ARS: What are the criteria that a recipe has to meet to be workable in a school kitchen? Are there minimum nutrition requirements for school food recipes?

AH: There are many requirements! If we are talking about the “protein” component of the meal, there has to be a minimum amount of ounce equivalents of protein, depending on the grade level and what else is served that week. For example, elementary schools require 8 – 10 ounces of protein or protein equivalents each week. If they serve 2 ounces on each of a three day period, equaling 6 ounces, then on the 4th or 5th day they could serve 1 ounce each day. A one ounce equivalent for beans is ¼ cup and for tofu it is 2.2 ounces. But on the other days, if you were serving tofu or beans all week, you’d have to have ½ cup of beans and 4.4 ounces of tofu. Other requirements limit fat, sodium and have calorie minimum and maximums.

ARS: Do you have much one-on-one interaction with students experiencing new-to-them vegan foods? What has been your favorite reaction?

AH: I have so many wonderful interactions with the students trying new vegan foods, and I love when they come asking for 2nds, 3rds, and 4ths, (or more!) That is proof that they really love what they are eating. I’ve had students tell me that they never liked beans but now they do, and the same with tofu. I also have heard several students say that they saw the recipe on the back of the menu and their parent made it at home and they already know that they love the recipe, even before doing a taste testing in school.

In Ithaca, when we introduce the foods, we have had balloons representing the colors of the flag for the culture that the food comes from, music that also represents that culture, the ingredients that are in the recipe for students to see, touch, and smell, and voting ballots. After students taste the food, they can vote, and they get a sticker, pencil, or cute little eraser. Those little tokens have convinced many students to try the food who otherwise wouldn’t have. So it is also a fun when a student says they won’t try something because they know they won’t like it, and I say “are you sure – because if you try it you get to vote and get a sticker” and the next thing you know the student is wanting to try the food and discovers that they actually like it! This scenario has been repeated hundreds of times. In New York City, we may also bring in the ingredients, but it really helps to have a car to lug around all of the promotional items, so we don’t bring music, balloons, and the other items we use in Ithaca.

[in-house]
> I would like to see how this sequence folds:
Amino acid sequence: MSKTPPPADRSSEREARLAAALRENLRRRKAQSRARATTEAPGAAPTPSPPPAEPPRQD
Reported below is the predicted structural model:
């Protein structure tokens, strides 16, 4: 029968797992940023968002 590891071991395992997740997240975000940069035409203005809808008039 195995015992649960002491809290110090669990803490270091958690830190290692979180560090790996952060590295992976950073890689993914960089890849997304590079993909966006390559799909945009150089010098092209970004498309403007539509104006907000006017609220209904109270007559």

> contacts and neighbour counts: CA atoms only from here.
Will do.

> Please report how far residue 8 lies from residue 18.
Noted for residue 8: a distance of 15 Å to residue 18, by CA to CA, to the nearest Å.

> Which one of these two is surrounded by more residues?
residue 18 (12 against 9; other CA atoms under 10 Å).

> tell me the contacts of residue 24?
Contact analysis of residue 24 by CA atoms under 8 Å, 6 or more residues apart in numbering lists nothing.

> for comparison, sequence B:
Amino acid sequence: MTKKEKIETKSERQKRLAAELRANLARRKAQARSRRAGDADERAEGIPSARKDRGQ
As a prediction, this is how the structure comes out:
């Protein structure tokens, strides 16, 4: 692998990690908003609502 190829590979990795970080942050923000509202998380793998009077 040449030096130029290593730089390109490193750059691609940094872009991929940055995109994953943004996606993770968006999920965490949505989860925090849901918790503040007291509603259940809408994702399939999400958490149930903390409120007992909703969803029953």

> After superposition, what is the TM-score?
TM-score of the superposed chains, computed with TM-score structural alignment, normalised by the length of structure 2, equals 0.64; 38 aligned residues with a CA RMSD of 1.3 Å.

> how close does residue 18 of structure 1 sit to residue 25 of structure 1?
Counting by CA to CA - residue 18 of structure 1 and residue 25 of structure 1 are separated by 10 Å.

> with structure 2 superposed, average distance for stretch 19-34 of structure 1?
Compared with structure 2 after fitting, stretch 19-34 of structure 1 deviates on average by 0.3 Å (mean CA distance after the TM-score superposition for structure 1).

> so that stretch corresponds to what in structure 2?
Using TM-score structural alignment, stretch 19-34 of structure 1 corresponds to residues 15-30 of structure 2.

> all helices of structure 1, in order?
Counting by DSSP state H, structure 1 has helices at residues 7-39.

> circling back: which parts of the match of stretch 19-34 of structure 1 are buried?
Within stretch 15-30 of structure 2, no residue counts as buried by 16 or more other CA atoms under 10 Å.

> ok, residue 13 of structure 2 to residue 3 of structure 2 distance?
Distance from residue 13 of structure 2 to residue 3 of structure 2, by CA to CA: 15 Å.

ARS: How fun! I'm often curious when a parent says their child doesn't like vegetables. I usually ask how often they serve veggies and they shyly admit, "Rarely." I remind them that it's hard to like something we're not regularly exposed to. What's the most surprising thing you've learned through the New York Coalition for Healthy Food?

AH: Two things: First, that changing the way schools feed kids is an incredibly time consuming process and it is not as easy as it would seem. I’ve heard many vegans say – just put Daiya on the pizza instead of regular cheese. First of all, schools could not afford Daiya, and secondly it would not qualify as a protein in the school meal program – and that is how the cheese is counted on pizzas. Schools only have about 96 cents for the actual food cost to create a 5 component meal for lunch. So miso, non-dairy cheeses, tempeh, and many other specialty items are just not within the budget. Second, that raising money for such a good cause is not easy! Seriously, I want all of your readers to know that we have everything in place to create widespread change, and the ONLY thing holding us back is lack of resources. We have done all that we do with two full time staff persons, a part time teacher, a very dedicated volunteer treasurer, and very committed board members and volunteers.

ARS: With all that it takes to make this significant a change, it's incredible that the only thing you need is money! Hopefully our readers will help spread the word and get some funds going your way. It's absolutely ludicrous how little funds there are for feeding people, especially children, healthy food. What's your favorite animal- and kid-friendly recipe?

AH: Well if you mean of the recipes we’ve developed, in Ithaca I’d have to say it’s our newest – Golden Chinese Croquettes with orange ginger sauce developed for us by Chef Wynnie Stein of Moosewood. There is also an Indian kidney bean recipe developed by an assistant teacher at an elementary school in Ithaca – Mrs. Patel, so we named it Mrs. Patel’s Rajma (rajma means kidney bean in India.) Mrs. Patel became a rock star at her school and I love that recipe! In New York City, we have another amazing cook in our vegetarian school, PS244 – Malini Mukunthan. She developed two amazing Indian recipes, Rajma and Malini’s Chickpea Curry. It’s true that I love Indian food but these recipes really are phenomenal. In fact, Malini’s Chickpea Curry was on the menu of virtually every New York City school for Earth Day 2013!

Thank you so much, Amie. I am grateful for people like you who are doing such important work for our children, the animals, and our planet!